Cattle Futures Traders May Be Looking At Cold Storage

Live and feeder cattle futures traders may be looking at the USDA’s monthly Cold Storage report since prices recovered from an initial bearish reaction after their release on Friday.

The Cold Storage report could be considered somewhat bullish rather than the monthly Cattle on Feed report or the quarterly Hogs and Pigs report, which held bearish overtones, a market analyst said.




The Cattle on Feed report was seen as bearish overall as the number of calves placed on feed was well above trade estimates.  The report showed that calves finally came off pasture and were placed on feed, a market analyst said.  Almost 48% of the cattle placed on feed weighed 700 pounds or more while 25.5% weighed less than 600 pounds.

The report showed the number of cattle placed into feedlots of 1,000 or more capacity in November was 1.843 million head, compared with an average of pre-release estimates of 1.805 million.  Placements were 241,000, or 15.0%, more than 1.602 million a year ago.

The number of fed cattle sold to packers, or marketed, in November was 1.787 million, while traders estimated 1.778 million.  The latest number was 255,000, or 16.6%, above a year ago’s 1.532 million.

That left 10.652 million on feed, about 16,000, or 0.15%, fewer than was expected.  The on-feed number was down 148,000, or 1.37%, from 10.800 million on Dec. 1, 2015.




The Hogs and Pigs report showed the US had a record 71.5 million hogs and pigs on hand Dec. 1, up 2.581 million, or 3.74%, from 68.919 million a year ago.  An Urner Barry pre-release survey shows the market expected an increase of slightly less than 2%.

Lean hog futures prices tumbled after the report’s release, only picking up a portion of the fall amid late-day and pre- holiday weekend short profit taking.

The number of hogs kept for breeding was 6.090 million, up 88,000, or 1.47%, from 6.002 million a year earlier.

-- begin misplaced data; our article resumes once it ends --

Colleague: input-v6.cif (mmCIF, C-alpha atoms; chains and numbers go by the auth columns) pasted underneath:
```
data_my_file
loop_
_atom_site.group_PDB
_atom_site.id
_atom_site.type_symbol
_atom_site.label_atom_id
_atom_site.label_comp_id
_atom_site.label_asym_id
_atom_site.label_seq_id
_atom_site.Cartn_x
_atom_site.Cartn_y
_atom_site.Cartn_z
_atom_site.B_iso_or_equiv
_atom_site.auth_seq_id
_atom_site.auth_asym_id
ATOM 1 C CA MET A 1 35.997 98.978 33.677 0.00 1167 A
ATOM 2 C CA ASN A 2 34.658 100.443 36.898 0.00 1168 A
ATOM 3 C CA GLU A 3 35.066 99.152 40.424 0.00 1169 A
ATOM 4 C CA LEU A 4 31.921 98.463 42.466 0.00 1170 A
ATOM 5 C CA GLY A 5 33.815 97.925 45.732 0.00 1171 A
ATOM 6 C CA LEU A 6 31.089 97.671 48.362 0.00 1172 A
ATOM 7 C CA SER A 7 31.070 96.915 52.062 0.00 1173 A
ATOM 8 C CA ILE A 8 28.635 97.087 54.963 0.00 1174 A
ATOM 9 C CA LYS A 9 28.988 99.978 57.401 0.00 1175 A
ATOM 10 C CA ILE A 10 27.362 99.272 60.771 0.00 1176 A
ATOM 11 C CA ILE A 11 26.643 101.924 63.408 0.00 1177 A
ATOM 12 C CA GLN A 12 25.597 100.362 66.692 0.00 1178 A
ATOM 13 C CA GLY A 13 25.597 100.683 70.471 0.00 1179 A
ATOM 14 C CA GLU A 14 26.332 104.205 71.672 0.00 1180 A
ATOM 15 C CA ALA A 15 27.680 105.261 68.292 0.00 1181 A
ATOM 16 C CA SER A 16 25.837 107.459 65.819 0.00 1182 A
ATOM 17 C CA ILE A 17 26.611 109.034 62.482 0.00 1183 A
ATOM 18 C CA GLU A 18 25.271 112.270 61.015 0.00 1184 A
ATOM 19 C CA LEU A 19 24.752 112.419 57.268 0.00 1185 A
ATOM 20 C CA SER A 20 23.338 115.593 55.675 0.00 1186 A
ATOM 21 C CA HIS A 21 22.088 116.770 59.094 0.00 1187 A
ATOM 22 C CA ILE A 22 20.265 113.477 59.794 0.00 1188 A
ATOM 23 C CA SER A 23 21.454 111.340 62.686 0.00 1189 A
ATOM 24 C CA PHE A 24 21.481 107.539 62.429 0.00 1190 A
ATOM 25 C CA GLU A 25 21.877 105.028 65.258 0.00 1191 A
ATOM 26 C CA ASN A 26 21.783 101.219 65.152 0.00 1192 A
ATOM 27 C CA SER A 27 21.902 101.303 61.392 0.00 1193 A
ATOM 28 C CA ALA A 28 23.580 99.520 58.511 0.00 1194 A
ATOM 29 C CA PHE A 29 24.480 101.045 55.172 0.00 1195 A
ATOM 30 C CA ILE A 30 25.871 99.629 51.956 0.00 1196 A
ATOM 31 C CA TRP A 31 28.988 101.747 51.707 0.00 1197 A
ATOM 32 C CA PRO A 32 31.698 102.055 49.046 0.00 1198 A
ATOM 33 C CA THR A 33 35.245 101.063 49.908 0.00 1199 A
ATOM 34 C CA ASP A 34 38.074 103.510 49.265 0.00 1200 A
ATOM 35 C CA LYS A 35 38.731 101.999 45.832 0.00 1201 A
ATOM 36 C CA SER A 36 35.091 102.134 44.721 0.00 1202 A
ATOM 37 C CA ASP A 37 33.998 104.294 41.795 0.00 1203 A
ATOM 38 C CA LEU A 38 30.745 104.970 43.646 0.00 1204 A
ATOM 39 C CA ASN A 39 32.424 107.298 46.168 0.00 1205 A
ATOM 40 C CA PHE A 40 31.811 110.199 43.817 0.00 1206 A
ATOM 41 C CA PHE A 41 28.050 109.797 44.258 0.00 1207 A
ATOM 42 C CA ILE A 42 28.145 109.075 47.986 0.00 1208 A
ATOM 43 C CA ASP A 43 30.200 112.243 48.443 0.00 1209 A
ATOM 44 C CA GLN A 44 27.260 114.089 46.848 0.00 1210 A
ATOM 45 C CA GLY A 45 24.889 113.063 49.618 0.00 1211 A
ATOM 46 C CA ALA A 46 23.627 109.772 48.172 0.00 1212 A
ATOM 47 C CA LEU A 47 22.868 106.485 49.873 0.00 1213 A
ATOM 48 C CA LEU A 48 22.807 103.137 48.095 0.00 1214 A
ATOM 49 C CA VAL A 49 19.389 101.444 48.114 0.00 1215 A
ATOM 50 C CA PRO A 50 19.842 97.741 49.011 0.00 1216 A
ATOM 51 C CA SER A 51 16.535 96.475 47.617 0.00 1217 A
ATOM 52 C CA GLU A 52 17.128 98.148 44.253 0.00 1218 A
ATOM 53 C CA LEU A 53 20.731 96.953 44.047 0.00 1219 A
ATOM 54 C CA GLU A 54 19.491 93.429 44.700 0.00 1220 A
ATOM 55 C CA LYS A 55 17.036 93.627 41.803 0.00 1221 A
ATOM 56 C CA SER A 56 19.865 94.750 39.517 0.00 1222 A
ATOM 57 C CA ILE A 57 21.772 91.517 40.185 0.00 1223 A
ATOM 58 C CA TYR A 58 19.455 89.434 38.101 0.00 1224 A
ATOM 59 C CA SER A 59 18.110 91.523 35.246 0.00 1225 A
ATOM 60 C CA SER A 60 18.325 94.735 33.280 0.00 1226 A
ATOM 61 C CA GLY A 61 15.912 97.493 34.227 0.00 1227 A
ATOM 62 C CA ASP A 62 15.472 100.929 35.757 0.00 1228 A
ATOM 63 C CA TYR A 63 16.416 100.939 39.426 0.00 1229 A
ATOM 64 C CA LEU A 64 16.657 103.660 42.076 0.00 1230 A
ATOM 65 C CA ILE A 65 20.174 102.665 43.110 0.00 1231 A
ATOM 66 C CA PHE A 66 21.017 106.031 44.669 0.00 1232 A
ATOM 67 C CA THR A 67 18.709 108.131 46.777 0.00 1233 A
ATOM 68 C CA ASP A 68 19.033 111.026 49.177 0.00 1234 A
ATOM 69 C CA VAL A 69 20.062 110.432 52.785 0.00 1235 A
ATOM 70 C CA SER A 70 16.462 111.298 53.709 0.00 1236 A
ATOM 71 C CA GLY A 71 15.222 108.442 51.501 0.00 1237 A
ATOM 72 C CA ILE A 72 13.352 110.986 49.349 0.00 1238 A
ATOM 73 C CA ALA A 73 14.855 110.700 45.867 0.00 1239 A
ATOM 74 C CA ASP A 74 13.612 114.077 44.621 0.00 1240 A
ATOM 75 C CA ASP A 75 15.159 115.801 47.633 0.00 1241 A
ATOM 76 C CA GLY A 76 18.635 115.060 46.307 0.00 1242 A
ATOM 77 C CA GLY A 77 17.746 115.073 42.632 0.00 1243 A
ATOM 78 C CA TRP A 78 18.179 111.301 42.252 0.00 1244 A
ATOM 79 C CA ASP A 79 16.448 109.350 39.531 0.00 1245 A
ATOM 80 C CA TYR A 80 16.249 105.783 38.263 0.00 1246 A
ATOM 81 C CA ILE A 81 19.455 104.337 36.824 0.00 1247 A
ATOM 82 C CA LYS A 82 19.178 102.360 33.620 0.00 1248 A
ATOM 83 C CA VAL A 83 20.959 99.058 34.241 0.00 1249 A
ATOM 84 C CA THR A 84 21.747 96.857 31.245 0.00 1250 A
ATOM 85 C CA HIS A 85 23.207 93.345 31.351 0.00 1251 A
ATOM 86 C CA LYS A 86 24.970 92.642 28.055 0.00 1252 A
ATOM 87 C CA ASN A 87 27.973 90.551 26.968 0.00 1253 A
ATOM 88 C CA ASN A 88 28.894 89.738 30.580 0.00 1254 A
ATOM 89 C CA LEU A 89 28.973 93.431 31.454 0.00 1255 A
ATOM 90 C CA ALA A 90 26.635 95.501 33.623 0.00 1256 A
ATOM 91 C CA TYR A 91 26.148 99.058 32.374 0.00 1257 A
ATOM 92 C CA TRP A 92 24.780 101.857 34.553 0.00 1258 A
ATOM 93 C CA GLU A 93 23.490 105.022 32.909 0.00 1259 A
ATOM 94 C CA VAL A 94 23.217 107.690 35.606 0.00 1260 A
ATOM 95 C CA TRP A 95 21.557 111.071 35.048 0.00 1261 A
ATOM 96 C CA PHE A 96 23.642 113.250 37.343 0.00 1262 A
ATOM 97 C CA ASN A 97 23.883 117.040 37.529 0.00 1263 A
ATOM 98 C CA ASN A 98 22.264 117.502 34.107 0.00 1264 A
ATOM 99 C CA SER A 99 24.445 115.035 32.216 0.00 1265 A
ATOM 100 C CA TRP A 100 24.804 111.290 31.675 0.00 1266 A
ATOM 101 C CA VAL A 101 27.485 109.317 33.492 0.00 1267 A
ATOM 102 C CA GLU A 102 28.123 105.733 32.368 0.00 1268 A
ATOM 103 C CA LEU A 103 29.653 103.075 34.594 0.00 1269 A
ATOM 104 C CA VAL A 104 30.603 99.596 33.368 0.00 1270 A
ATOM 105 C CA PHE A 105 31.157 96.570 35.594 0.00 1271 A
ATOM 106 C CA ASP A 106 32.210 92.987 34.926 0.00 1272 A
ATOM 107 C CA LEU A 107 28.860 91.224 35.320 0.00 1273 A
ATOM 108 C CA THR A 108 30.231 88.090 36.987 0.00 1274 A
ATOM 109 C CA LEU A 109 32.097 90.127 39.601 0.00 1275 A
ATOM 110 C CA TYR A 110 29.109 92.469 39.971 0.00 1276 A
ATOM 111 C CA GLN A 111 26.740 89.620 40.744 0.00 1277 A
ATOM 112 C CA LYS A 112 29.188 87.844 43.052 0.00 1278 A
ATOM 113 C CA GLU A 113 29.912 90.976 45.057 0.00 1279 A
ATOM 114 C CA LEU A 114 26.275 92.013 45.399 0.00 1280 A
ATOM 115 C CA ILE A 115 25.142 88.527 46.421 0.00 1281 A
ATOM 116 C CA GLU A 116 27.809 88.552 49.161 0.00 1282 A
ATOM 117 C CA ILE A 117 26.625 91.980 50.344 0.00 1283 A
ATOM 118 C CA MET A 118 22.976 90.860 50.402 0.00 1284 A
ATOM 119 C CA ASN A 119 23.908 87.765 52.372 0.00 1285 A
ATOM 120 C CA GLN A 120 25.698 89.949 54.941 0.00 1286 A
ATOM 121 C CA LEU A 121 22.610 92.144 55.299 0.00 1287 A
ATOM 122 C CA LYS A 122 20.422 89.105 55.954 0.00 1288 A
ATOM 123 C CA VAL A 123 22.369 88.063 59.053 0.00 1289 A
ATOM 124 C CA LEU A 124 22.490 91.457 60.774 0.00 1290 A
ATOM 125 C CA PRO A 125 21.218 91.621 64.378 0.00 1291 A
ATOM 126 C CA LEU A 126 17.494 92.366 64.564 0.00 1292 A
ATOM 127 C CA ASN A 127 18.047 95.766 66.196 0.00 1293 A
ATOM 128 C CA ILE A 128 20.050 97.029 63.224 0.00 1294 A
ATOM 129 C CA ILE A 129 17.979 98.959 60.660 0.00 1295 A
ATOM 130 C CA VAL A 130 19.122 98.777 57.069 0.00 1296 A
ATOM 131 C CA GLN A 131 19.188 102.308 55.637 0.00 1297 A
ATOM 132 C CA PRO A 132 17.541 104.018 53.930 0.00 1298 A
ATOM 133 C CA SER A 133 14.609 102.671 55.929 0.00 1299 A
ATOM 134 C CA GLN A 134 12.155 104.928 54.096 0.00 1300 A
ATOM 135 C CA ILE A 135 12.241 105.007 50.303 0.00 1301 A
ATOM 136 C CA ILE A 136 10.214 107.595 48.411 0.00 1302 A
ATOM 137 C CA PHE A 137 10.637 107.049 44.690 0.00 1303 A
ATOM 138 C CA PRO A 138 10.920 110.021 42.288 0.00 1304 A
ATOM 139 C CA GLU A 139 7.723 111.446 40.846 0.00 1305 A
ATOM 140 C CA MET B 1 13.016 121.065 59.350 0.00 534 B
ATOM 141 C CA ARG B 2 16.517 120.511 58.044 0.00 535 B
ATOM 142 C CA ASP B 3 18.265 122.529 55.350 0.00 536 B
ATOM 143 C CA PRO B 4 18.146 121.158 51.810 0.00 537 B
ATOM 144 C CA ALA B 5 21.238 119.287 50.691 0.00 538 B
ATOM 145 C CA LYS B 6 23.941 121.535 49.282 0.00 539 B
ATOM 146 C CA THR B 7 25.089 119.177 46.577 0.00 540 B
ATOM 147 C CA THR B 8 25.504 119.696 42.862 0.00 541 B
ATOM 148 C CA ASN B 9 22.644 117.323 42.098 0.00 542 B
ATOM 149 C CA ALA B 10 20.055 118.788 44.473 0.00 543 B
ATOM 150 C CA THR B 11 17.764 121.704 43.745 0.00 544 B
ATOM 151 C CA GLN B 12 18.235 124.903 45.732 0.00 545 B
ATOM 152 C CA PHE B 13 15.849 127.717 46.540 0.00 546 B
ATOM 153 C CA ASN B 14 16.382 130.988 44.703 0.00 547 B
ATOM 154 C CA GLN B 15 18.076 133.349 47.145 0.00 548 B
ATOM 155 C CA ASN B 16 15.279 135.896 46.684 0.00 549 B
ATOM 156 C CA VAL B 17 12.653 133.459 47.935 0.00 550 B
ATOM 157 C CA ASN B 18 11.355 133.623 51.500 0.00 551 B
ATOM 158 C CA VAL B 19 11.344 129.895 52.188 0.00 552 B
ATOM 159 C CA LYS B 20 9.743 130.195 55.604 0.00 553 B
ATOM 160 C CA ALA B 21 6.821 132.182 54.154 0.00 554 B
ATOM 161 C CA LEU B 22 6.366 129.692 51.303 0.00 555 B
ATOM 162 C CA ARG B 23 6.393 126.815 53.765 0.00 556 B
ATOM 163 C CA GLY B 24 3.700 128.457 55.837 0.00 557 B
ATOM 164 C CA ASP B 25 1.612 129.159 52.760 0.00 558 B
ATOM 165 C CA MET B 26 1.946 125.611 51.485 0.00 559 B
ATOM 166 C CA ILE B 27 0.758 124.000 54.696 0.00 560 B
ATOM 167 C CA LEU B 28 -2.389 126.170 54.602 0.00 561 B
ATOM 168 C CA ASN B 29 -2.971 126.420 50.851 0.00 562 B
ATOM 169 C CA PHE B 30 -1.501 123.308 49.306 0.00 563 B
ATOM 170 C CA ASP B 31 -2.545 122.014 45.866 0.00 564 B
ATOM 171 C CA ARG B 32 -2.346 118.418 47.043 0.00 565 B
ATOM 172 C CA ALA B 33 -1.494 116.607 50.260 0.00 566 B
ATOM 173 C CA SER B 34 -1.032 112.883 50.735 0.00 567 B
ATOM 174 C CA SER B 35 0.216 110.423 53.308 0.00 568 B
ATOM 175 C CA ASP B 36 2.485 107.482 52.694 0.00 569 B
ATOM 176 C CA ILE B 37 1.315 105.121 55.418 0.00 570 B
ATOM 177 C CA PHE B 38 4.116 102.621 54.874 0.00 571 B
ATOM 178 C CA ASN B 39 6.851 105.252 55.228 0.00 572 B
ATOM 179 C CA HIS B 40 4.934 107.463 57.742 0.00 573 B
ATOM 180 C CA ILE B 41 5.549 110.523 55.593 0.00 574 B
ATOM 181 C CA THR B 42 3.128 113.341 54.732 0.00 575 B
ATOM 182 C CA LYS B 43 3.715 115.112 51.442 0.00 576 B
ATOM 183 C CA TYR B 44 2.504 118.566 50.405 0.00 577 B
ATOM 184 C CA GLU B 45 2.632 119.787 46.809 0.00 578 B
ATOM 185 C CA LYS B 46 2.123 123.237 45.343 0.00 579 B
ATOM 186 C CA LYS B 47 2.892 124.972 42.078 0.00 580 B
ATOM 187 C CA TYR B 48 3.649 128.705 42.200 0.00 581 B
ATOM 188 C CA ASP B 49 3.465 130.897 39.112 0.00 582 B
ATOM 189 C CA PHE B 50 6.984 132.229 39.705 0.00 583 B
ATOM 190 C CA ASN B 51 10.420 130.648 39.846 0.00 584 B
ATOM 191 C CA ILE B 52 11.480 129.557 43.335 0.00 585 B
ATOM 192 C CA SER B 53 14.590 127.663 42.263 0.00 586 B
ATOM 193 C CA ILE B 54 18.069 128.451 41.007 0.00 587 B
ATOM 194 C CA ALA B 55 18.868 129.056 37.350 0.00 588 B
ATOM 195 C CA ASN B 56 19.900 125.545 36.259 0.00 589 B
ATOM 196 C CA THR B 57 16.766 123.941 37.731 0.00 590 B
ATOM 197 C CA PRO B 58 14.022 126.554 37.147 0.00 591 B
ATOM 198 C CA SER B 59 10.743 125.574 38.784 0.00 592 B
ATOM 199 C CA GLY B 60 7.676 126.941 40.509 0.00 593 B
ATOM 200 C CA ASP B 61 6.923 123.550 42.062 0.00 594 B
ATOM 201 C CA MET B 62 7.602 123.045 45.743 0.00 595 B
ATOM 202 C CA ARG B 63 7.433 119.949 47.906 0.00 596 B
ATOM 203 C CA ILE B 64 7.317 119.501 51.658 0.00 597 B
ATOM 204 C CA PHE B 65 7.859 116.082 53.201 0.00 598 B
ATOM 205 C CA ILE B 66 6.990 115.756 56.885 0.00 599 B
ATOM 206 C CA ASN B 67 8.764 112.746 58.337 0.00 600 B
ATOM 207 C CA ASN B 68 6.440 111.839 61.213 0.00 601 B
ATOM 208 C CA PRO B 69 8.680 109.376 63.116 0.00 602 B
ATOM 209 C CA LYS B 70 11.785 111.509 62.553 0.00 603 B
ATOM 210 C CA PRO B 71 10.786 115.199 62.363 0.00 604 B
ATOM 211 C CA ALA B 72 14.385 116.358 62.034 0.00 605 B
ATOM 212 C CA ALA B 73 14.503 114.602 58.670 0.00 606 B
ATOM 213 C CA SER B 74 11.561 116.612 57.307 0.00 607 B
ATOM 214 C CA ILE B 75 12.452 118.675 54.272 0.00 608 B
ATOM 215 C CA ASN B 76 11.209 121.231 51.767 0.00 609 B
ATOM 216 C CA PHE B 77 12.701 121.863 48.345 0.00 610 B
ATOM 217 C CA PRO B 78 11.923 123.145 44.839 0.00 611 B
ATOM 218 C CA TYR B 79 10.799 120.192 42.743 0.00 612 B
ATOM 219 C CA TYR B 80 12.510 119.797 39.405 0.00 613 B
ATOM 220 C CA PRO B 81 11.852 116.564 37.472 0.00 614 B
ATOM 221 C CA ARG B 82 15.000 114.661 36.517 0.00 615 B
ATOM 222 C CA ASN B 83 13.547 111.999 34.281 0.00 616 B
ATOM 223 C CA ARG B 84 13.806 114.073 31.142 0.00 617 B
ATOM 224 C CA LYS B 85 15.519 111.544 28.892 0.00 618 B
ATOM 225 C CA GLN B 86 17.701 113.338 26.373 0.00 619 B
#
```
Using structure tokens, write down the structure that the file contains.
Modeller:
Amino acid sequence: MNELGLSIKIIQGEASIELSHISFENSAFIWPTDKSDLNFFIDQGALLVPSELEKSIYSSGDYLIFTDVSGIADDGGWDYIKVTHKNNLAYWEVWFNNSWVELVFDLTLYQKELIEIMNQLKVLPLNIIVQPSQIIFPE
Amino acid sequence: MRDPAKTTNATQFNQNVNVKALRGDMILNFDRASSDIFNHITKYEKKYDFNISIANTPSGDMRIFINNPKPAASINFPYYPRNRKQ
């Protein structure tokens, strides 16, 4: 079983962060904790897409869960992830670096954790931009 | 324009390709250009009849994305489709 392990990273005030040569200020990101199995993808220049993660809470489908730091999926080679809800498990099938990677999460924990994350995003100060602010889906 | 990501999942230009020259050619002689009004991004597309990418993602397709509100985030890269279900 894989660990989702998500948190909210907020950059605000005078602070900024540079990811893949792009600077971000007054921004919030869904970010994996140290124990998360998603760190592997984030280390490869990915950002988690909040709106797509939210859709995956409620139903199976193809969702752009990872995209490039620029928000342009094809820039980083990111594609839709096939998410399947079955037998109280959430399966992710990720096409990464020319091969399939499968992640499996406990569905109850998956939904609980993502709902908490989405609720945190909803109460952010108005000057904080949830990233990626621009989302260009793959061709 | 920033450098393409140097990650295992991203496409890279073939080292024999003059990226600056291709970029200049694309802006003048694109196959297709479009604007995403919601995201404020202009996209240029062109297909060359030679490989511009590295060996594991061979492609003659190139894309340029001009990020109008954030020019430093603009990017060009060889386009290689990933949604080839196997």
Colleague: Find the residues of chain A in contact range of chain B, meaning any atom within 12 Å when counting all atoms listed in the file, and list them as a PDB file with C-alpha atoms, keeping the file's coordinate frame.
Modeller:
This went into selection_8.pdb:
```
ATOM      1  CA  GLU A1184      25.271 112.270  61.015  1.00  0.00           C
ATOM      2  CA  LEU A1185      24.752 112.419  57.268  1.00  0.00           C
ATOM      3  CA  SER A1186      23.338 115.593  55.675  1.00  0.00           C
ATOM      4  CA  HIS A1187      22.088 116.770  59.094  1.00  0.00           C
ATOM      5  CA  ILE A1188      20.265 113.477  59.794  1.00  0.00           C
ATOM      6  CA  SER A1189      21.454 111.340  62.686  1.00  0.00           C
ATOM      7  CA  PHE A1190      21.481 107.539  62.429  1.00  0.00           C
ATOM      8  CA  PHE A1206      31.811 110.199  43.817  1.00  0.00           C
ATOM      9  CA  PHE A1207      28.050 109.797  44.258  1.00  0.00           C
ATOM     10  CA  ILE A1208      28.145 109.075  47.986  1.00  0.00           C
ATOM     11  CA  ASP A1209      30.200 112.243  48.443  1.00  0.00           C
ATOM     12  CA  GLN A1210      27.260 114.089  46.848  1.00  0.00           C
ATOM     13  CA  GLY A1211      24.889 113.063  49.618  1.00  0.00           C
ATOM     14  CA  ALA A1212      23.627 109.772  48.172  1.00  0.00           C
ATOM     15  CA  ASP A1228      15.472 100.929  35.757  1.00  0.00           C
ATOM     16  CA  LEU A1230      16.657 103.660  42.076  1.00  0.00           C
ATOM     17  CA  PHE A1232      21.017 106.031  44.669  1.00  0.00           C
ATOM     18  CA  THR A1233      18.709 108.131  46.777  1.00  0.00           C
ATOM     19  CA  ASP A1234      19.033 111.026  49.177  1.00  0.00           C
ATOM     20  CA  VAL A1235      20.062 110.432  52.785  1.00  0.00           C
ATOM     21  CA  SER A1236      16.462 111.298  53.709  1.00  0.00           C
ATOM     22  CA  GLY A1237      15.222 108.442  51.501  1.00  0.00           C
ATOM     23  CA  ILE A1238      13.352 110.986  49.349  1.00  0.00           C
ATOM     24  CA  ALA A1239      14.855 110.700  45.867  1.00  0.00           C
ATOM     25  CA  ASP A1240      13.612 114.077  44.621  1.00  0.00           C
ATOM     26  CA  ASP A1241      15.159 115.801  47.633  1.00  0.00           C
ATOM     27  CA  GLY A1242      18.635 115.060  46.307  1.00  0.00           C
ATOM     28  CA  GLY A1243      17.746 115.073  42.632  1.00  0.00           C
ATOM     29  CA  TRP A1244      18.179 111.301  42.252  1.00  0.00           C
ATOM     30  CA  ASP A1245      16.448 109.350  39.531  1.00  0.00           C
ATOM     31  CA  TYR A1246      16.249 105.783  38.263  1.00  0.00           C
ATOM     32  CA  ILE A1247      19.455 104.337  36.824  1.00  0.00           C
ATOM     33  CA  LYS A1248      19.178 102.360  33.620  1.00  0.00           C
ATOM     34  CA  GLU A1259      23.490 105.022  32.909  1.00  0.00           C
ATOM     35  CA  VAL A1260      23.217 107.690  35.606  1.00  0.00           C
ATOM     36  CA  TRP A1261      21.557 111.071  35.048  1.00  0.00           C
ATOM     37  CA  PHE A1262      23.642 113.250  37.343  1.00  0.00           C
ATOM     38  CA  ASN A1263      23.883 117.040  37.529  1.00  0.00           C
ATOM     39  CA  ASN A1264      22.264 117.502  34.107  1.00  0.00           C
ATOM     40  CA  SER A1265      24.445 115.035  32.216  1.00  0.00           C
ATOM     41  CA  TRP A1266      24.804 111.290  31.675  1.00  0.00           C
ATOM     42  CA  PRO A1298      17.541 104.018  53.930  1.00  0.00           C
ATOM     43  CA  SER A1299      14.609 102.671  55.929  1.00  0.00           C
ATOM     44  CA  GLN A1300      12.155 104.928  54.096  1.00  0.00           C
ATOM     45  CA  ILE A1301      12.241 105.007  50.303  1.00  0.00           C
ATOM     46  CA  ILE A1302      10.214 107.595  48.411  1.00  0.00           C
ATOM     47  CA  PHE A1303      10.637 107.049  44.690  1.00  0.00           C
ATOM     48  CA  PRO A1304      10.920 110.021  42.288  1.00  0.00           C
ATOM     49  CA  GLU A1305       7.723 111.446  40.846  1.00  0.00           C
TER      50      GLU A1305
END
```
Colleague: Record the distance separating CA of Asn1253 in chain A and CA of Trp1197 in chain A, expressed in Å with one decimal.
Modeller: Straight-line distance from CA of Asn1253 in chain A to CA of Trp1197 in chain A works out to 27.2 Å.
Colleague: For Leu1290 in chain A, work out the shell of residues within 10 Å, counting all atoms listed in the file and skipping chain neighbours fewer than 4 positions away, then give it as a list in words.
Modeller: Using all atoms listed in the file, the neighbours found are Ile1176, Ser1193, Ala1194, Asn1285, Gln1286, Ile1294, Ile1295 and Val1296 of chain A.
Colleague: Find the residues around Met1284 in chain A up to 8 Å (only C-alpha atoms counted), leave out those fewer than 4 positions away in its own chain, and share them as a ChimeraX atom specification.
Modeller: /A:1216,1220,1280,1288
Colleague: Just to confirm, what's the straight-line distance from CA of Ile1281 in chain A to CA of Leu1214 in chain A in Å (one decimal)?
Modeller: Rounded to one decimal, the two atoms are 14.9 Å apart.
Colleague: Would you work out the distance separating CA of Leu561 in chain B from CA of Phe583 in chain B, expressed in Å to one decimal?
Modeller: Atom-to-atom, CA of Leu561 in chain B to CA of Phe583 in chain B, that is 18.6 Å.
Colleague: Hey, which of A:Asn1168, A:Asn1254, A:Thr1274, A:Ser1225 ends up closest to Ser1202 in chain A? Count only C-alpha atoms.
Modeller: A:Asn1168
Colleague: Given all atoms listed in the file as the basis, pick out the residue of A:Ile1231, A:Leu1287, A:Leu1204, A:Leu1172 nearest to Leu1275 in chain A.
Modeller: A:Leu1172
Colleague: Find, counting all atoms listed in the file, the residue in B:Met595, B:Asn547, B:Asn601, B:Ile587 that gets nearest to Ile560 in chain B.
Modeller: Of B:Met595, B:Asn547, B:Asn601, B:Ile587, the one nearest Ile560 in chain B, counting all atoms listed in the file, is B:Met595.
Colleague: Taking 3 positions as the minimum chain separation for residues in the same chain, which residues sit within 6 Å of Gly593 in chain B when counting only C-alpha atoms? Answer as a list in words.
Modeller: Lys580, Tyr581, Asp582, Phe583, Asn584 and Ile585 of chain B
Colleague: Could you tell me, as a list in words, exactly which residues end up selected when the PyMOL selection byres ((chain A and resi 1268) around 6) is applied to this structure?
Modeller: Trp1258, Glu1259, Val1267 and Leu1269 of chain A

The number of market hogs on Dec. 1 was 65.410 million head, up 2.493 million, or 3.96%, from 62.917 million a year earlier.




The Cold Storage report showed the amount of beef in cold storage at 531.463 million pounds, down 1.524 million, or 0.29%, from 532.987 a month earlier.  But this was a counter-seasonal move as inventories usually increase during the month.

That had traders worried about beef demand in the face of burdensome supplies of pork either still on the foot or planned in the form of rising farrowing expectations.

Frozen pork and poultry supplies declined more than usual in November as retail specials moved large volumes into consumer hands.  At the same time, swine inventories already were record large, and the breeding herd was expanding.




Average Superior auction prices Wednesday were $2.21 per cwt higher at $112.68, versus $110.47 a week earlier.  Cash cattle then traded at $113.25 to $114 on a live basis, up $2.50 to $3.25.  Dressed-basis trading was up about $4 at $174.

Thursday, cattle traded at $114 to mostly $115 to $116 live and at $180 dressed.

The USDA’s choice cutout Friday was $0.66 per cwt higher at $198.27, while select was up $1.27 at $187.44.  The choice/select spread narrowed to $10.83 from $11.44 with 44 loads of fabricated product sold into the spot market.

The CME Feeder Cattle Index for the seven days ended Thursday was $132.03 per cwt, down $0.05.  This compares with Friday’s Jan settlement at $130.72, down $0.40.